7 geography games that align to the Common Core
I’ll be honest. I threw that “align to the Common Core” phrase in there to suck in more site traffic. But, hey, you’re already here. You might as well browse through these sweet geography games that really are good for kids.
(Kidding! Common Core and C3 alignments at the bottom of the page!)
This fun geography app is a bit like Traveler IQ. It includes an atlas and eight games with high resolution maps. Interactive and fun, Geomaster puts your geography knowledge to the test. More than 40 levels featuring world capitals, European countries, Asian countries, African countries, South American countries, US cities and states.
Stack the States
As you learn state capitals, shapes, geographic locations and more, you can actually touch, move and drop the animated states anywhere on the screen. Carefully build a stack of states that reaches the checkered line to win each level. As you earn more states, you unlock the three free bonus games: Pile Up, Puzzler and Capital Drop.
Stack the Countries
Same idea as Stack the States but with countries and continents.
Both of these apps have free and paid versions and are available in iPod and iPad versions.
I recently wrote about a very cool game called Pursued that takes advantage of the StreetView option in Google Earth. It’s a great way for you to trains kids to ask questions, use visual clues, think spatially, become comfortable with geography tools, create mental maps, and solve problems all while having a good time.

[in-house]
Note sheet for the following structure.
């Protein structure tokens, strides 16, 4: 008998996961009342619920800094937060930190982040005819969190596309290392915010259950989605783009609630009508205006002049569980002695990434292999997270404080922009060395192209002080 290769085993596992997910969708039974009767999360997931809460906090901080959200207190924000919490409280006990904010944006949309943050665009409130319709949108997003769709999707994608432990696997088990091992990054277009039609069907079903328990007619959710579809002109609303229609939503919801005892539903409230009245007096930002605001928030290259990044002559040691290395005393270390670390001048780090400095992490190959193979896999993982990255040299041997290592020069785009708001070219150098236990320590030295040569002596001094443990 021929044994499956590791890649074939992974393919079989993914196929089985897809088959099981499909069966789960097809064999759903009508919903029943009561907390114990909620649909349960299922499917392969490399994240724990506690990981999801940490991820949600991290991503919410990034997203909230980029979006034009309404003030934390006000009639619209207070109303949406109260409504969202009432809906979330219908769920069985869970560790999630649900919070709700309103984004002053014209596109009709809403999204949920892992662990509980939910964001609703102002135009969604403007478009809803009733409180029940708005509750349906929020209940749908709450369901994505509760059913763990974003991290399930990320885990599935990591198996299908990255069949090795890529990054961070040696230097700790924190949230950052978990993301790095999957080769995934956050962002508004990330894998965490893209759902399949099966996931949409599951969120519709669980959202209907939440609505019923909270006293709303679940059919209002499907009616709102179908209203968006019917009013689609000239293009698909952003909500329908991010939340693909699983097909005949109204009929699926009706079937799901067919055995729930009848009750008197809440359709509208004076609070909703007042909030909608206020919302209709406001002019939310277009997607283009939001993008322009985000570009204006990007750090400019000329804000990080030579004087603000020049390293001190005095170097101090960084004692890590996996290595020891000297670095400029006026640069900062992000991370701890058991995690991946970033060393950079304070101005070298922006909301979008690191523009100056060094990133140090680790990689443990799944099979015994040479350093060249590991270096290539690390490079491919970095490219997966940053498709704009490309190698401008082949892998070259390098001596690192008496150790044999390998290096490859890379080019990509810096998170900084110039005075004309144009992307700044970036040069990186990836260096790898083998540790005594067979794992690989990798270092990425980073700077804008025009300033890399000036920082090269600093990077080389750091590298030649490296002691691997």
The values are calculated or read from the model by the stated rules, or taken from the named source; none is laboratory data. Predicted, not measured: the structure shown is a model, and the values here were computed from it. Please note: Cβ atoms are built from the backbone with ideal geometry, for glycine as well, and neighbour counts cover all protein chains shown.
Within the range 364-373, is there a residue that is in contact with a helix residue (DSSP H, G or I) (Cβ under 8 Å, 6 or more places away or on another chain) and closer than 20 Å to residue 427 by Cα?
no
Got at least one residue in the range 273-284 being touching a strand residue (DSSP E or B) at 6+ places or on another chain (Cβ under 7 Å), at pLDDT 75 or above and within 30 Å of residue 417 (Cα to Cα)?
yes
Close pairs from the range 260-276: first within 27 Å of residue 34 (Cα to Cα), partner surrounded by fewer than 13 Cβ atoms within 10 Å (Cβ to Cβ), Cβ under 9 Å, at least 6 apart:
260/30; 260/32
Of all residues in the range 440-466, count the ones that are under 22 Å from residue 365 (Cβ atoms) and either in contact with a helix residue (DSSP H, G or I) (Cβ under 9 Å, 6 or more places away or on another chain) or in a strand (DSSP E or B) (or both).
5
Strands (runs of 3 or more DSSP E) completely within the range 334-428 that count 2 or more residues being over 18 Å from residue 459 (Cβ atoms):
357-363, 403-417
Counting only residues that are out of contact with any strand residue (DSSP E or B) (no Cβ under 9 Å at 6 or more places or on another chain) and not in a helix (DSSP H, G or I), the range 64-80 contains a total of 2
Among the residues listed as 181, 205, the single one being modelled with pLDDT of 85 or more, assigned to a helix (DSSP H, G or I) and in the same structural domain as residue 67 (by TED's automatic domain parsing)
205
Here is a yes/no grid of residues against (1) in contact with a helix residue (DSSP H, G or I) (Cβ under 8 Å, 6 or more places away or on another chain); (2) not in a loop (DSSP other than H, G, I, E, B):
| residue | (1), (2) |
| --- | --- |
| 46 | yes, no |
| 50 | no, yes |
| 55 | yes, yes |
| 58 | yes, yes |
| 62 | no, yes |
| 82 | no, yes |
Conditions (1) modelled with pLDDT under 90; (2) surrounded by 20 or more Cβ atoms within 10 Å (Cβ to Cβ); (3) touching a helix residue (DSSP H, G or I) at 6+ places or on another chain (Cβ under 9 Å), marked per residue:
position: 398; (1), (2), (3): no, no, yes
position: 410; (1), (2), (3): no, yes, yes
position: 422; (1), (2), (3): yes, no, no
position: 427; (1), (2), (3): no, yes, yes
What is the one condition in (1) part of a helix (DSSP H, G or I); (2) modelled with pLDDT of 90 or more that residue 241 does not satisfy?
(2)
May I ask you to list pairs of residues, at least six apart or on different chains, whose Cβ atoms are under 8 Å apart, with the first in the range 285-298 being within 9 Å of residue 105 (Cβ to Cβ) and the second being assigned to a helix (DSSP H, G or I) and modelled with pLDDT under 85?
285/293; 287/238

One game that was released earlier this year is called GeoGuessr – same sort of idea as Pursued. You are given access to a Google Maps StreetView somewhere in the world and using contextual clues, you have to guess where you are at. You are awarded points for how close your guess is to the actual spot.
GeoNet, an online game from Houghton Mifflin Social Studies, asks kids to select a region or continent. It then quizzes them on spatial information and questions using the five themes of geography. If kids answer correctly, they get a popup offering more info.
National Geographic: Kids Geography Games. The National Geographic website has always been a valuable teaching tool and now offers a variety of geography games for kids. I really like GeoBee, Go West with Lewis and Clark, and CritterCam: African Adventure.
And I was just kidding with that site traffic crack. These games really are aligned to state and national social studies / Common Core literacy standards. Need a few examples?
- identify and analyze evidence, relationships, and supporting details.
- evaluate an argument or claim citing evidence in support of, or against, the argument or claim.
- identify and evaluate critical information communicated in multiple forms of media.
- support a claim, or make an argument using evidence, logic, and reasoning.
- inform or explain an event, relationship, position, or opinion.
- gather multiple sources of information and integrating them into short and long term projects.
- evaluate information from various formats.
- use maps, graphs, photographs, and other representations to describe places and the relationships and interactions that shape them.
- use maps, globes, and other simple geographic models to identify cultural and environmental characteristics of places.
- identify cultural and environmental characteristics of specific places.
- analyze the ways in which cultural and environmental characteristics vary among various regions of the world.
So play these games with your kids knowing that they’re actually learning stuff. Plus you can sleep at night knowing that they really are aligned to standards.